Gerda Boyeson was a 20th century psychologist who developed biodynamic psychotherapy.

Professional Life

Gerda Boyeson was born in Bergen, Norway, on May 18, 1922. A book by William Reich first piqued her interest in psychology. She was so fascinated with his field of body psychotherapy that she began seeing a therapist trained by Reich. Soon after, she began to delve into the study of psychology. She explored various approaches and found a particular interest in physiotherapy. Through her therapy and training, she developed an interest in the connections between the physical body and emotional states. She began to develop her specific theories based on the teachings of Jung, Freud, and Reich, as well as her own experiences. The culmination of her work led to the creation of biodynamic psychology and psychotherapy.

Boyeson eventually left Norway and traveled throughout Europe to teach her approach. She spent most of her career in the practice of body psychotherapy and was the first female psychologist in Europe to found her own training organization dedicated to body psychotherapy techniques.

Contribution to Psychology

Boyeson developed biodynamic psychotherapy after her own training and personal therapeutic experience with various forms of therapy, including vegetotherapy. Vegetotherapy, like biodynamic psychotherapy, is a form of body psychology that aims to mimic the bodily reactions associated with strong emotions.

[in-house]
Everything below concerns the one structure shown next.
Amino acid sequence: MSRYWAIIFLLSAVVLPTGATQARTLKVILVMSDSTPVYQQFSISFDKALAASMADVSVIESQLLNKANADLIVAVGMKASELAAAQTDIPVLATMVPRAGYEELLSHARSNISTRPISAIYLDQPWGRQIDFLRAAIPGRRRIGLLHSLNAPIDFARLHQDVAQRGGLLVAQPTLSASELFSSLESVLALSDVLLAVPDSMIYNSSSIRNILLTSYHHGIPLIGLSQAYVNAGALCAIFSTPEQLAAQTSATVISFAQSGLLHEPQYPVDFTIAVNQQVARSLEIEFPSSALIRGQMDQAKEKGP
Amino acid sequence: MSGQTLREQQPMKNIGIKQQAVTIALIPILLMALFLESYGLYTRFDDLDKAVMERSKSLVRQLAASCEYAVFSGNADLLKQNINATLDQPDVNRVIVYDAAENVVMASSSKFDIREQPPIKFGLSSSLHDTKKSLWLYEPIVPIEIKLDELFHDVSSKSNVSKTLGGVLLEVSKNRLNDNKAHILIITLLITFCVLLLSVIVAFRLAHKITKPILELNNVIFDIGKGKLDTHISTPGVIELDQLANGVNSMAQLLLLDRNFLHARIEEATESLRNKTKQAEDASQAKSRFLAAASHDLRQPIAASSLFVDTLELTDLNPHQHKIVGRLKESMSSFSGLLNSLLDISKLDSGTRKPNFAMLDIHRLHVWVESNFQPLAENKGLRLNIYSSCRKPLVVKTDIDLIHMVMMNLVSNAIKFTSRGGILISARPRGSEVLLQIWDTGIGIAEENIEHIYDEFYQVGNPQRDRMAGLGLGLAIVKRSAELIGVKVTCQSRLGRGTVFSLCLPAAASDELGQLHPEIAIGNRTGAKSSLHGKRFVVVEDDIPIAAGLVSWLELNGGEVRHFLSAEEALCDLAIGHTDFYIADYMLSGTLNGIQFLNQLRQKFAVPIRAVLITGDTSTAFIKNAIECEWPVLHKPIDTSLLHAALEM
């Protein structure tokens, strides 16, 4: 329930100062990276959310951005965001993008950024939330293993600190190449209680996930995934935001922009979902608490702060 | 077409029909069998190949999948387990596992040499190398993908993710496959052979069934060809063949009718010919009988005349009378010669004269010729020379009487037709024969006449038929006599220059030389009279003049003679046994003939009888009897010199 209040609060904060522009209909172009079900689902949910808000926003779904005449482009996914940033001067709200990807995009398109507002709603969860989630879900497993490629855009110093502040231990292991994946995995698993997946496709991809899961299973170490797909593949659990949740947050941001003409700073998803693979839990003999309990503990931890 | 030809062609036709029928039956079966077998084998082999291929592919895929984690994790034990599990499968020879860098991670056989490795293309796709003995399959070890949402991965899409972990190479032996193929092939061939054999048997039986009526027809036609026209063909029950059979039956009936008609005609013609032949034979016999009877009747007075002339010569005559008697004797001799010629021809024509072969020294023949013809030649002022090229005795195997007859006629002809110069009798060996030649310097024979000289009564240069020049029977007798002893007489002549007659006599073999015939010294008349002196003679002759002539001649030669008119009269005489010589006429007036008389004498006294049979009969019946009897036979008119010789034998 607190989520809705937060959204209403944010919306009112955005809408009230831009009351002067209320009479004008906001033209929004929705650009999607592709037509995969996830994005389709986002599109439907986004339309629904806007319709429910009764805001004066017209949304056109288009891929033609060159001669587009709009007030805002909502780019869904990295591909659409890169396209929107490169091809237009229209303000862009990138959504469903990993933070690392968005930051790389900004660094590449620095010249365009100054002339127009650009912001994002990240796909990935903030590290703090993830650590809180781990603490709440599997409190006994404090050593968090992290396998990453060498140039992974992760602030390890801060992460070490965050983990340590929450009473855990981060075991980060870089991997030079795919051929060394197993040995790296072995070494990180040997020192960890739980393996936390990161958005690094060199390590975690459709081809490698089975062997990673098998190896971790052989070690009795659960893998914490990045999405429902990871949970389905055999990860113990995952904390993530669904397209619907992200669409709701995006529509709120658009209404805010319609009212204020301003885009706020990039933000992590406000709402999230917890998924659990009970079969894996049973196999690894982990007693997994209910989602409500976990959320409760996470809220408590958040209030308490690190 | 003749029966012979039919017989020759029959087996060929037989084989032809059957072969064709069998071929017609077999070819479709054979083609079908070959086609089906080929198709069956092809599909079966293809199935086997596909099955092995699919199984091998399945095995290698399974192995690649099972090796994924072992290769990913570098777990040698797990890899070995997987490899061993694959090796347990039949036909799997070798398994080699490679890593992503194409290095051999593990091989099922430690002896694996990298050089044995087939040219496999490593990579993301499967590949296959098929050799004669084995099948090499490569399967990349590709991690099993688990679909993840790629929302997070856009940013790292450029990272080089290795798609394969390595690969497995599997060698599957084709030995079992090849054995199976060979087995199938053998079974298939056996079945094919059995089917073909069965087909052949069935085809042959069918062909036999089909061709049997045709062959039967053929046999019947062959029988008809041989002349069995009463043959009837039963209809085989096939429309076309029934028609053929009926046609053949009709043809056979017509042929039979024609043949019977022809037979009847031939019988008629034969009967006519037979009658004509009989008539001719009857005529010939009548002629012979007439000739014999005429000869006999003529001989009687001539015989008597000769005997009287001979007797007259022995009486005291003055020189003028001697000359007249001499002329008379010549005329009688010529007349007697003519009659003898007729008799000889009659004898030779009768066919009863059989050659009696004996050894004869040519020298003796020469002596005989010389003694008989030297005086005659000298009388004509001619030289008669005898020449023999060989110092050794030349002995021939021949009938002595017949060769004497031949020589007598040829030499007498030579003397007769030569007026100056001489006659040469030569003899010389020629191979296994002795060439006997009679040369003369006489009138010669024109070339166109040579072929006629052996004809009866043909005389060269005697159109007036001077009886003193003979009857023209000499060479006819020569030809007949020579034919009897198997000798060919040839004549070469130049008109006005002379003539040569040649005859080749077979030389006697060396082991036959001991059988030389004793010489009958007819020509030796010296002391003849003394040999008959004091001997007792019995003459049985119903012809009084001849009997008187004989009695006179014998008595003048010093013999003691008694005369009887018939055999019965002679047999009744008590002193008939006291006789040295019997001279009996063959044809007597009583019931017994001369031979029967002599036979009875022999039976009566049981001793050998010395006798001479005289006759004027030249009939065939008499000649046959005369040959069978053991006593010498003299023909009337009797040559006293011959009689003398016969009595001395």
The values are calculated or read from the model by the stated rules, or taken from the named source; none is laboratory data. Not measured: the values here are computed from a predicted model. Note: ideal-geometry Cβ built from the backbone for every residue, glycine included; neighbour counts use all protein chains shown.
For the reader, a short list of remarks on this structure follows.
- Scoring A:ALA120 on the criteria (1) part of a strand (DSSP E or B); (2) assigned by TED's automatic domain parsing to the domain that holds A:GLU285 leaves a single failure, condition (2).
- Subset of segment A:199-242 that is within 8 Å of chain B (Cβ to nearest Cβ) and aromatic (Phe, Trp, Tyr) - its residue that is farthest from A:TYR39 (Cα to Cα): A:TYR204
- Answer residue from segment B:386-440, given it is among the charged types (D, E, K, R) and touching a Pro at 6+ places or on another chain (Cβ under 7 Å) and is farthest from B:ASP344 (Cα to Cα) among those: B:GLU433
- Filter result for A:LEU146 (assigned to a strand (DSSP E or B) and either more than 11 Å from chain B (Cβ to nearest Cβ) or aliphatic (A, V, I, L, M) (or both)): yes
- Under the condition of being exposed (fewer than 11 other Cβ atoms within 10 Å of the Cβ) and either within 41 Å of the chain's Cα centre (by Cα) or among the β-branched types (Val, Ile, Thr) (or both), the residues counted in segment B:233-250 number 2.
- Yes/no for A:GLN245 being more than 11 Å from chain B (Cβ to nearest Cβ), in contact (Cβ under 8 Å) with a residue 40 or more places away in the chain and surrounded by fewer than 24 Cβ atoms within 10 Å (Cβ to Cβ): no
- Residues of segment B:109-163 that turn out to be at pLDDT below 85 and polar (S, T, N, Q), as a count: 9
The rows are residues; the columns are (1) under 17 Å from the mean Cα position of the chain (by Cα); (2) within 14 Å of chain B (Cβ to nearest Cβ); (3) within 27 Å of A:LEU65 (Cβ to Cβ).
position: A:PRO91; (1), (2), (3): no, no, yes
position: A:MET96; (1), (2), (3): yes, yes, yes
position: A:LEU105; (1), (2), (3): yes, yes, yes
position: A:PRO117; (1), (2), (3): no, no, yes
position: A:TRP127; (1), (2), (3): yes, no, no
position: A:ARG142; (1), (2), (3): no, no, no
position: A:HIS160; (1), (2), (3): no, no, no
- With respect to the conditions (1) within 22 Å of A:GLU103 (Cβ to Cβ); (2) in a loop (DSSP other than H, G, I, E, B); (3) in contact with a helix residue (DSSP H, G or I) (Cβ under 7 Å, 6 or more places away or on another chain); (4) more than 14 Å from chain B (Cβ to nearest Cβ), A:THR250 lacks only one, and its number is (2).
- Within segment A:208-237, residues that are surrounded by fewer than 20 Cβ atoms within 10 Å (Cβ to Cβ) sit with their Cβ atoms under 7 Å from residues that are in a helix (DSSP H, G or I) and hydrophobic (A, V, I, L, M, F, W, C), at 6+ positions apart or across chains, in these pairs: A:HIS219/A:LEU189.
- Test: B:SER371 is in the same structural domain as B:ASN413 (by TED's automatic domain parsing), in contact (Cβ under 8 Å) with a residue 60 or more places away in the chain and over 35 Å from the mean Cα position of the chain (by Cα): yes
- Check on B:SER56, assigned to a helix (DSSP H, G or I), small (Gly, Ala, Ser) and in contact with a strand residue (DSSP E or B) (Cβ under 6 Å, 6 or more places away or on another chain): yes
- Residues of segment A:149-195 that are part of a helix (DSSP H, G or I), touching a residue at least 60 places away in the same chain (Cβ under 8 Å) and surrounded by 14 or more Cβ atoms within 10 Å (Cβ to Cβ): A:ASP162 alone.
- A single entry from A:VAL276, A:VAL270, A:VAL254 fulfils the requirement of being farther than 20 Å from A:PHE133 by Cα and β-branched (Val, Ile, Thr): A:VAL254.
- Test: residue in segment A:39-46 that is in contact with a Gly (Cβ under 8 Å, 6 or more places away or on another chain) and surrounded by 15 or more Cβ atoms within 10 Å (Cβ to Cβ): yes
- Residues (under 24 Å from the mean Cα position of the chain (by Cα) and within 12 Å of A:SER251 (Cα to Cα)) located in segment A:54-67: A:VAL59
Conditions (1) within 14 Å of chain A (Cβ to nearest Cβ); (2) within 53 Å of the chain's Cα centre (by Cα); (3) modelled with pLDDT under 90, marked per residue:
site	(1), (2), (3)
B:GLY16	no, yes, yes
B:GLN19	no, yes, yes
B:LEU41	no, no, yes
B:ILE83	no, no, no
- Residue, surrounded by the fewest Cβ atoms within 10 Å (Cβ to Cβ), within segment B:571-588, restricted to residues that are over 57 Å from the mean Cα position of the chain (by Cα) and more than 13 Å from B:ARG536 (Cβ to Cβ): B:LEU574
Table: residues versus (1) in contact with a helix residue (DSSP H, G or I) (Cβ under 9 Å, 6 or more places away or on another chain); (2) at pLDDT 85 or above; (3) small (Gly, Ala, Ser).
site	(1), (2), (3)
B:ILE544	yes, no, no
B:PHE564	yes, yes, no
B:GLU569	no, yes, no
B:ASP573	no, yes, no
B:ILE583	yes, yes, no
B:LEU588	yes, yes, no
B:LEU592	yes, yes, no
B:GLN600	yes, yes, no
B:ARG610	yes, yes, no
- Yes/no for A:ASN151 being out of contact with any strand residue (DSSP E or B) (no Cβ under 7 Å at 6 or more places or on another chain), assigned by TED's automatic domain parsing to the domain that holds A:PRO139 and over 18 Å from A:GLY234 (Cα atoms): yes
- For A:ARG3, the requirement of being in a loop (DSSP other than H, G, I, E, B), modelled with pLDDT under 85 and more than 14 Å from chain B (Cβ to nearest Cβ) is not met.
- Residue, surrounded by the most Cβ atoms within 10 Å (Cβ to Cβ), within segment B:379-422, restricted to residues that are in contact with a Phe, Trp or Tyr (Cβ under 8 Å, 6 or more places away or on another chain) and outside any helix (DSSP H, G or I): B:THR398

Boyeson believed that psychological problems are concentrated in the digestive system, and argued in favor of massage to help alleviate physical problems caused by emotional states. According to Boyeson, massage could help people express unhealthy emotions, and that such expression would result in noises similar to those produced by the body during digestion—a process Boyeson termed psychoperistalsis. Biodynamic therapy also utilizes a technique called “deep draining,” a deep form of massage intended to access deep-seated emotional distress.

Biodynamic psychotherapy is a controversial practice that has not been proven effective in empirical studies. However, health insurance plans in some countries, such as Switzerland, cover biodynamic therapy.